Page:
Over the last several decades, there has been a rise in the number of females in the workforce. This development offers women, in particular, a unique opportunity to support themselves outside of marriage. Generally, women of past eras were financially dependent on their husband and did not have this option. What’s more? Research since the 1940’s has shown that women initiate divorce more than men. Why? It’s hard to pinpoint, there is no specific evidence to show women today are more unhappy than women of the past, but, one truth is self evident: modern women are certainly more financially independent.

How financial planning can help prevent gray divorce:

Perhaps one of the biggest drivers of divorce is lack of communication about finances after retirement. It’s essential that couples spend time discussing each other’s expectations for retirement — such as when each partner would like to retire, where they would like to live, how they expect to support themselves and goals for later on in life. It’s these conversations that can help couples navigate the road ahead and maintain a healthy and vigorous relationship. (If you need a starting point, set up an appointment with a financial advisor who can help initiate the conversation).

Approaching those tough conversations about money can be stressful, but financial discussions are well worth it for the health of your marriage. Discussing the topic of longevity and identifying your expectations for retirement — both materially and financially — can help couples avoid gray divorce all together. According to a recent study conducted by the Institute for Divorce Financial Analysts, 22 percent of divorces are caused by money issues or money arguments. So before you become a statistic, try talking through some of these retirement points.

Question 1: When do we want to retire?

This might seem like an easy question, but time is money. When it comes to retirement, the age you’d like to retire is a direct factor of how much money you need to be saving. It is necessary that you and your partner are on the same page about what is attainable for retirement age so neither party ends up disillusioned, leading to gray divorce.

Question 2: What do we want to do in retirement?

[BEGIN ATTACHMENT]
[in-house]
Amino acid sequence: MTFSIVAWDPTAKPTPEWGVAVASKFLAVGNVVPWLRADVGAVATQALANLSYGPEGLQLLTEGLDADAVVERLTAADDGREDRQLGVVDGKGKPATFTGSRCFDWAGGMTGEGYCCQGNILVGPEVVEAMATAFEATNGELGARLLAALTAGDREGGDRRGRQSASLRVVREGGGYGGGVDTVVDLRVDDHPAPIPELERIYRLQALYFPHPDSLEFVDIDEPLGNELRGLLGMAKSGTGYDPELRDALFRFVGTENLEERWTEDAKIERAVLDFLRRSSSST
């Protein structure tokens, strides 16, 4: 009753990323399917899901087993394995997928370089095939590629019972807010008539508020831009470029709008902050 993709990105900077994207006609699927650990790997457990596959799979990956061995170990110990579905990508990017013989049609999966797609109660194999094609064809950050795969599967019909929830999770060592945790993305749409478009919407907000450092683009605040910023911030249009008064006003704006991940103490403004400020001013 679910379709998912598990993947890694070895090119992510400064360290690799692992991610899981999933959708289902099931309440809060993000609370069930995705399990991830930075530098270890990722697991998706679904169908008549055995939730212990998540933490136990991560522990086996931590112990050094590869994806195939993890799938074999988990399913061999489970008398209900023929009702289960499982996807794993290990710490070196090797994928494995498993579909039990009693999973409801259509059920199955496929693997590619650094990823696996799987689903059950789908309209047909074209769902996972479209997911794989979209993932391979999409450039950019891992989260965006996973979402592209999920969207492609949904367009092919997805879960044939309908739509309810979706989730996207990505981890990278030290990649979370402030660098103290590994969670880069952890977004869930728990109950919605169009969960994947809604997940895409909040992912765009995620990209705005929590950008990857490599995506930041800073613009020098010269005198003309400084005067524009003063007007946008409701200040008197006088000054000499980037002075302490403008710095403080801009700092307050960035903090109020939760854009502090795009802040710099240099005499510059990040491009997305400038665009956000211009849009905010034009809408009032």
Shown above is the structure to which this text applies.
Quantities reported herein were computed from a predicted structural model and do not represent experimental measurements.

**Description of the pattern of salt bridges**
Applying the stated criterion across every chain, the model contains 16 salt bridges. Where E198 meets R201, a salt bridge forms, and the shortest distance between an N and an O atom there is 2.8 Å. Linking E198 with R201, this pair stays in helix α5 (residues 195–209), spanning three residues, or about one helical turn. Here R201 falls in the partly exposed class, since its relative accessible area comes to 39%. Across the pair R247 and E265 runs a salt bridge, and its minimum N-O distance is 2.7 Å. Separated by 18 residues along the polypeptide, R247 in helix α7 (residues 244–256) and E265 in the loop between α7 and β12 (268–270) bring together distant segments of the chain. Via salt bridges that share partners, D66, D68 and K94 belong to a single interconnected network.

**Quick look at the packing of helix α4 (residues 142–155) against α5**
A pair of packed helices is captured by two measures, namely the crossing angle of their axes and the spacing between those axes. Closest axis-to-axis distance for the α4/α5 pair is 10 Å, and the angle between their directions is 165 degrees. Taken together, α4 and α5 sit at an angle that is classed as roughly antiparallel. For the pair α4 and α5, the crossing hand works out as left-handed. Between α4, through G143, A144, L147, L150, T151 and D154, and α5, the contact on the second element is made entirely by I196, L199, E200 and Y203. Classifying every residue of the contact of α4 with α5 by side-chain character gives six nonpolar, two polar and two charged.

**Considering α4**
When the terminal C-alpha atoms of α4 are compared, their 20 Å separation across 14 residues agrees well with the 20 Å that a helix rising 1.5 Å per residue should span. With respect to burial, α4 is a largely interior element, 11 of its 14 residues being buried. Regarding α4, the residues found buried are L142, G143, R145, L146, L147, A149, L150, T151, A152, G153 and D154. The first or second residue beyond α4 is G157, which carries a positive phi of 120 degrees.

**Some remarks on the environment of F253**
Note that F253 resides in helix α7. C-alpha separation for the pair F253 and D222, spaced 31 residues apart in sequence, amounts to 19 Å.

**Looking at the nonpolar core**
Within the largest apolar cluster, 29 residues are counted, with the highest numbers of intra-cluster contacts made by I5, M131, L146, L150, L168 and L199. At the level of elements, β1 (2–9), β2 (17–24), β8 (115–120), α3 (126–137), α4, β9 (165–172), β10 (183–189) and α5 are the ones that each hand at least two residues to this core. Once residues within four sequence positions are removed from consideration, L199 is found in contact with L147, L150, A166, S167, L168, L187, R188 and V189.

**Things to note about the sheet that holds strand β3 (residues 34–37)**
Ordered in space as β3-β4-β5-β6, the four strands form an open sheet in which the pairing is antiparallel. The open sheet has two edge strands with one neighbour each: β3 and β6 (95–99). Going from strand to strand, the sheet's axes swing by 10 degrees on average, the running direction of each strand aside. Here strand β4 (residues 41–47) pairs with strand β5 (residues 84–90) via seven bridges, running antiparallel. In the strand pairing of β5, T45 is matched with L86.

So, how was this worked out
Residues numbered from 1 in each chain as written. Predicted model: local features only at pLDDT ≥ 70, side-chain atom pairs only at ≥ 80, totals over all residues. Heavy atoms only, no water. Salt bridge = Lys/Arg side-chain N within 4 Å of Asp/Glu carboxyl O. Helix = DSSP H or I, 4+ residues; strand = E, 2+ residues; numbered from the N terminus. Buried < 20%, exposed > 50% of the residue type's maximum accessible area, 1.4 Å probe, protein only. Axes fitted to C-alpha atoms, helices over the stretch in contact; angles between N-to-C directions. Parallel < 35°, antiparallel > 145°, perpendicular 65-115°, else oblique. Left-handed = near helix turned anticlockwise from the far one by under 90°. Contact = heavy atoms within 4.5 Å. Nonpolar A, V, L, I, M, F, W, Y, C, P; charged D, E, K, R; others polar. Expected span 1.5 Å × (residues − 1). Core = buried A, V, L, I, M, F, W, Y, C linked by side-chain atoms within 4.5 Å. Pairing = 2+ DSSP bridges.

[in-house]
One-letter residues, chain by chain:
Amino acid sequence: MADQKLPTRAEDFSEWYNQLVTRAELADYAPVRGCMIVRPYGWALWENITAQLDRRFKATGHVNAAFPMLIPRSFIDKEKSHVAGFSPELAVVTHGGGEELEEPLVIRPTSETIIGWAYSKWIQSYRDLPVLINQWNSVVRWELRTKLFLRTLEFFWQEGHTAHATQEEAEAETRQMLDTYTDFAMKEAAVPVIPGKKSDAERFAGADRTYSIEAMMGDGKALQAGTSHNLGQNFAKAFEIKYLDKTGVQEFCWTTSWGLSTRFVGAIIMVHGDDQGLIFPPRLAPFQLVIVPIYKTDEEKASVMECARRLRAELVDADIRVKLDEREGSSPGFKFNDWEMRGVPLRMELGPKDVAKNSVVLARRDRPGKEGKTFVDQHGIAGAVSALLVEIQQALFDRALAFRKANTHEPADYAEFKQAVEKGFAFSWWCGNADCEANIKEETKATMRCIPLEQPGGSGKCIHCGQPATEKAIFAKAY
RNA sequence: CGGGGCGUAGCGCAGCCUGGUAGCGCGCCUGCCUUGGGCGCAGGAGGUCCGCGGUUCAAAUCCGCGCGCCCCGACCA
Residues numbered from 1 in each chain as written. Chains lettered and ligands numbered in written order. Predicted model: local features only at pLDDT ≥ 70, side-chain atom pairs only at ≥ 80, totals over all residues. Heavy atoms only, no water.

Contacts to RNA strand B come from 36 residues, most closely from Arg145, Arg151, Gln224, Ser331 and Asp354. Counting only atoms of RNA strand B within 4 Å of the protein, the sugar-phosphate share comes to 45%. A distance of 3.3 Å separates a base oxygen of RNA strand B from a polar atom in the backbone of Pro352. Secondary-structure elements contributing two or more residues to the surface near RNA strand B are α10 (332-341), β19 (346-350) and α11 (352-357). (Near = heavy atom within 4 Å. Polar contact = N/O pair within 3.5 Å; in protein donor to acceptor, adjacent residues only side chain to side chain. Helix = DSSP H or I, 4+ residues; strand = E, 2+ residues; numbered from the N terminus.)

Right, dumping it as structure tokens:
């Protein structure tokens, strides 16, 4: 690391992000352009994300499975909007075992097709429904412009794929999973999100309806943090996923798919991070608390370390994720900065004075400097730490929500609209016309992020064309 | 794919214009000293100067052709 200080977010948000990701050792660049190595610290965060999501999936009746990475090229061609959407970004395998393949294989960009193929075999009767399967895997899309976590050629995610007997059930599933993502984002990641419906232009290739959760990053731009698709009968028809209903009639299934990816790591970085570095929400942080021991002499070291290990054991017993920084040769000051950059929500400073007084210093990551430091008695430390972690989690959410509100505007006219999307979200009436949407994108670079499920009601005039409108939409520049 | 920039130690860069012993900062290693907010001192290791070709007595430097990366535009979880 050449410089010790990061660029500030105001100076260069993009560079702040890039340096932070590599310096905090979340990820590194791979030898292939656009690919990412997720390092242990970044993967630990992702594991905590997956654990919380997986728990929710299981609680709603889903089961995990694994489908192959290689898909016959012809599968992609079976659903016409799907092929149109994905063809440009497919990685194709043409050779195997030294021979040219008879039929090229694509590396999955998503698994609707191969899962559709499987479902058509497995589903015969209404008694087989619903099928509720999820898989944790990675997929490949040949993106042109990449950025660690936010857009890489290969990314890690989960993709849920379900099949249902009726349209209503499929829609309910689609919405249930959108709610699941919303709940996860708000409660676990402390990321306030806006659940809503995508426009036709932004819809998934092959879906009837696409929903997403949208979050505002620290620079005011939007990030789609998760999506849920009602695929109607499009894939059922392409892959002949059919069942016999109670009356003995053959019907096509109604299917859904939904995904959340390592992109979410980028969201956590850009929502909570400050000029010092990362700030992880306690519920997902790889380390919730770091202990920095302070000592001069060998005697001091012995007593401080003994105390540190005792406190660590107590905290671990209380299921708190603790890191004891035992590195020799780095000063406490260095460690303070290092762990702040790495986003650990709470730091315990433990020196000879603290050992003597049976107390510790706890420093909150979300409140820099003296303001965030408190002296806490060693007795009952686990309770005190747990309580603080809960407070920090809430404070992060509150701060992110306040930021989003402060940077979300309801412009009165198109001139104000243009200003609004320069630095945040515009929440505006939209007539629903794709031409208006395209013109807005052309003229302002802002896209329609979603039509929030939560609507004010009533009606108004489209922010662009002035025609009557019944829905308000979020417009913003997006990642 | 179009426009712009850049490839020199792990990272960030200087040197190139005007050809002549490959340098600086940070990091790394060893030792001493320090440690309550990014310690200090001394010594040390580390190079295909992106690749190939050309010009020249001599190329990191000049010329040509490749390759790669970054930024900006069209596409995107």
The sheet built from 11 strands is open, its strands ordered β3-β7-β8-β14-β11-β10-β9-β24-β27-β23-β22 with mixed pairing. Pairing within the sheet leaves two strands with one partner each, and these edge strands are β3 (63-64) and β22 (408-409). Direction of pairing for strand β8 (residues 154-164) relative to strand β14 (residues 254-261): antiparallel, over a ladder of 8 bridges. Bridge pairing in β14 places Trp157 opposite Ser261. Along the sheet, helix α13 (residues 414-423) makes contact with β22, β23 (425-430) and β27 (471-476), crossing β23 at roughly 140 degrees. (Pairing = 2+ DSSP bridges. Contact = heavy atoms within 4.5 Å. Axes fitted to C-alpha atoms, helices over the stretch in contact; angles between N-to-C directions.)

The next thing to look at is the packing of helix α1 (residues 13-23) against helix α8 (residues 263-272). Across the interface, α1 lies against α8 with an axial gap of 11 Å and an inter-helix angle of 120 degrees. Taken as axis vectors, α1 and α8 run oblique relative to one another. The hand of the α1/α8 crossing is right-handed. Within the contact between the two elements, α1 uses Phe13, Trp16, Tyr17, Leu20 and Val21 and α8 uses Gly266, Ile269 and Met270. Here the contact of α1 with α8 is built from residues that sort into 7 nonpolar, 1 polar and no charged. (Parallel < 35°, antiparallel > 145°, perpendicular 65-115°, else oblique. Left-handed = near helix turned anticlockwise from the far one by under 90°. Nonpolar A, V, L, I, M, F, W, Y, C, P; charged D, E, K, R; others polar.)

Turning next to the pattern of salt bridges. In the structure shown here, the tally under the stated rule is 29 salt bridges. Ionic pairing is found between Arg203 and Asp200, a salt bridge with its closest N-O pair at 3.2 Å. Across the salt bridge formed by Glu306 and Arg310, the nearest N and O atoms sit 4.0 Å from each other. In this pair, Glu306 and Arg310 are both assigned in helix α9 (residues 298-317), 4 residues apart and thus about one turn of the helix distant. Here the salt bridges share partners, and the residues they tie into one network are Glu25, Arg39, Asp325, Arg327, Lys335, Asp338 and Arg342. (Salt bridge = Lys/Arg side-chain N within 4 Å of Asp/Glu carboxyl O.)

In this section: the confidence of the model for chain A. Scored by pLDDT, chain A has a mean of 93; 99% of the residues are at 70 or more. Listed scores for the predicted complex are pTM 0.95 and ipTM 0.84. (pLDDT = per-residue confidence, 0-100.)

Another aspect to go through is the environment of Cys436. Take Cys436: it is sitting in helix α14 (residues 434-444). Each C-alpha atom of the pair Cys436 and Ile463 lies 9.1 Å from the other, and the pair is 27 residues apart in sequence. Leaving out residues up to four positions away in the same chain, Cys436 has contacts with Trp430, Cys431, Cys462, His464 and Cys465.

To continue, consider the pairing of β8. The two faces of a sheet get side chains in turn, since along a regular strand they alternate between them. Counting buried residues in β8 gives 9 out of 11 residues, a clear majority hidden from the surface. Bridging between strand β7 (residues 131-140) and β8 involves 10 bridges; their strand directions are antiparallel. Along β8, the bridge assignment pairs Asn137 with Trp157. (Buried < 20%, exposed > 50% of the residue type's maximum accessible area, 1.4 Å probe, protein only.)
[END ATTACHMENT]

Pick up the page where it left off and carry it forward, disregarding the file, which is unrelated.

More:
Couples that want to stay at home are going to require different financial means than couples who would like to travel the world after retirement. You and your spouse should discuss what you want to do with your retirement and think about how you will finance your adventures in retirement.

Question 3: What will our budget be in retirement?

Before retirement you and your partner should analyze your finances and determine your maximum monthly budget based on your financial savings. Compare this monthly budget with your retirement goals to be sure you have enough money set aside for each spouse to live a full retirement.

Question 4: How do you feel about financial risk?

Talk with your spouse about their comfort level with financial risk. A healthy savings includes a diversified portfolio of savings and investments, but as you get older, that balance of risk may shift. Understand what your other partner expects in terms of the stability of your savings and adjust your plan accordingly to fit both of your needs.

Don’t let gray divorce cast a shadow over your retirement

Whether or not you and your spouse have already thought about retirement, preparing for the milestone will be advantageous when the time comes. It’s important to examine your spending, your debts, your investments and your risk tolerance so you know exactly where you stand financially. Preplanning can help you prepare for the retirement of your dreams and ensure you spend it together.

If you’re ready to plan for that next step in life, set up a time to meet with one of our wealth management experts. Our team will work with you and your spouse to develop a post-retirement plan that aligns with your goals.

About the Author

Dan DeMarest, CFP®, CRPC

Dan DeMarest is the Vice President of Business Development within Security National Bank's Wealth Management Division. A lifelong Siouxland resident, Dan has more than 30 years of financial and wealth management experience. He is a graduate of Morningside College and the Iowa School of Banking.